A multicultural future?

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A multicultural future?

Mixed-culture families have played a significant role in overcoming the problem of a low fertility rate in some areas.

Korea’s total fertility rate is 1.26 on average, one of the lowest in the world. However, Boseong County, South Jeolla, has a total fertility rate of 2.33 and Hwacheon County, Gangwon, has a rate of 2.0, relatively higher than the average rate. This is because of women from overseas have married Korean men and settled here.

However, children from mixed-culture families are not always welcome in Korean society when they grow up. They are often made fun of because of their skin color and language. Naturally, their parents find this situation heartbreaking.

During a National Assembly inspection of the government recently, it was found that many children from such families are often isolated in schools. Some 15.4 percent of children from international families leave elementary school. Even more drop out as they grow older. Some 39.7 percent do not attend middle school and 69.6 percent do not attend high school. Even those who stay in school are left behind because they can’t speak Korean fluently and suffer from an identity crisis.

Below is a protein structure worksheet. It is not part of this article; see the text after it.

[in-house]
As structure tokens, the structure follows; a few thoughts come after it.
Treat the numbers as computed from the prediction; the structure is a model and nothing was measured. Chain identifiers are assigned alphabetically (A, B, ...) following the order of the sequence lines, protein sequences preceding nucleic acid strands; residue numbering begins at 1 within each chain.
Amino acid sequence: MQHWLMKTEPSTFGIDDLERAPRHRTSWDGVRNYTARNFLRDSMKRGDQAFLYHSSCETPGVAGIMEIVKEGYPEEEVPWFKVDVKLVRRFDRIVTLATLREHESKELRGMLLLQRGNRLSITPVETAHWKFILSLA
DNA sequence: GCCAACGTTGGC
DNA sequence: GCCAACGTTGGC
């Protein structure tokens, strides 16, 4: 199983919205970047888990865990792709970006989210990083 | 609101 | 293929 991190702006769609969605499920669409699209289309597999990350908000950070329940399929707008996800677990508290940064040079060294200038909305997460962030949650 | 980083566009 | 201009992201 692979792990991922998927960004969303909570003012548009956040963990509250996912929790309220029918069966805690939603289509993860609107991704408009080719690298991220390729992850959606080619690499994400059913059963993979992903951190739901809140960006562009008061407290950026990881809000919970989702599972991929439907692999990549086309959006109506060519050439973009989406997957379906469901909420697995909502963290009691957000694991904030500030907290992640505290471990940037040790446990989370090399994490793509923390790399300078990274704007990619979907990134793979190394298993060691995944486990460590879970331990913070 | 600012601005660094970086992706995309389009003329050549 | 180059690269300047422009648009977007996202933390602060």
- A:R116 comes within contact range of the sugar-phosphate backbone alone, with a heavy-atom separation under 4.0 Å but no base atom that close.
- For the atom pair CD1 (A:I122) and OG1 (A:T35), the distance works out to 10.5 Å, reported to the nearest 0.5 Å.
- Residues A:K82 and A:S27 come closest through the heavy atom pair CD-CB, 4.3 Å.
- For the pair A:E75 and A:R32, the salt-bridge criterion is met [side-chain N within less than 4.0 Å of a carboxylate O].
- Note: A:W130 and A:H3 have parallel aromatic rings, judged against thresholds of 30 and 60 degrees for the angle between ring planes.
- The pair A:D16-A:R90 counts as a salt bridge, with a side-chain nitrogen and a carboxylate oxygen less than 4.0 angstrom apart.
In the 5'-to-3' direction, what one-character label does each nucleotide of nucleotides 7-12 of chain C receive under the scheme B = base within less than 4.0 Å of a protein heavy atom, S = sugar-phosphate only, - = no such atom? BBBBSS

The number of children from international families has gradually increased, now at 58,000. If they grow up without proper education, they could be disadvantaged in the workplace and in marriage.

In 2005, adolescents from immigrant families rioted in Paris, and the same year, immigrant families got involved in terrorist bombings in London. These young adults were French or British citizens but they were discriminated against and expressed their frustration through violence.

If children from mixed-culture families continue to be regarded as second-class citizens, the future of our society might be gloomy.

The government recently announced plans to provide education programs for babies and elementary school students from such families. Their parents will also be given Korean language classes in hopes that their children learn their mother tongue.

What is important is to carry out the plan as it was originally intended. We have to be open toward mixed-culture families as Korea becomes a multicultural society.

Observers say school textbooks that stress a single ethnic group should embrace a more diverse culture instead. Whether they will make contributions to society or harbor discontent depends largely on what we do.

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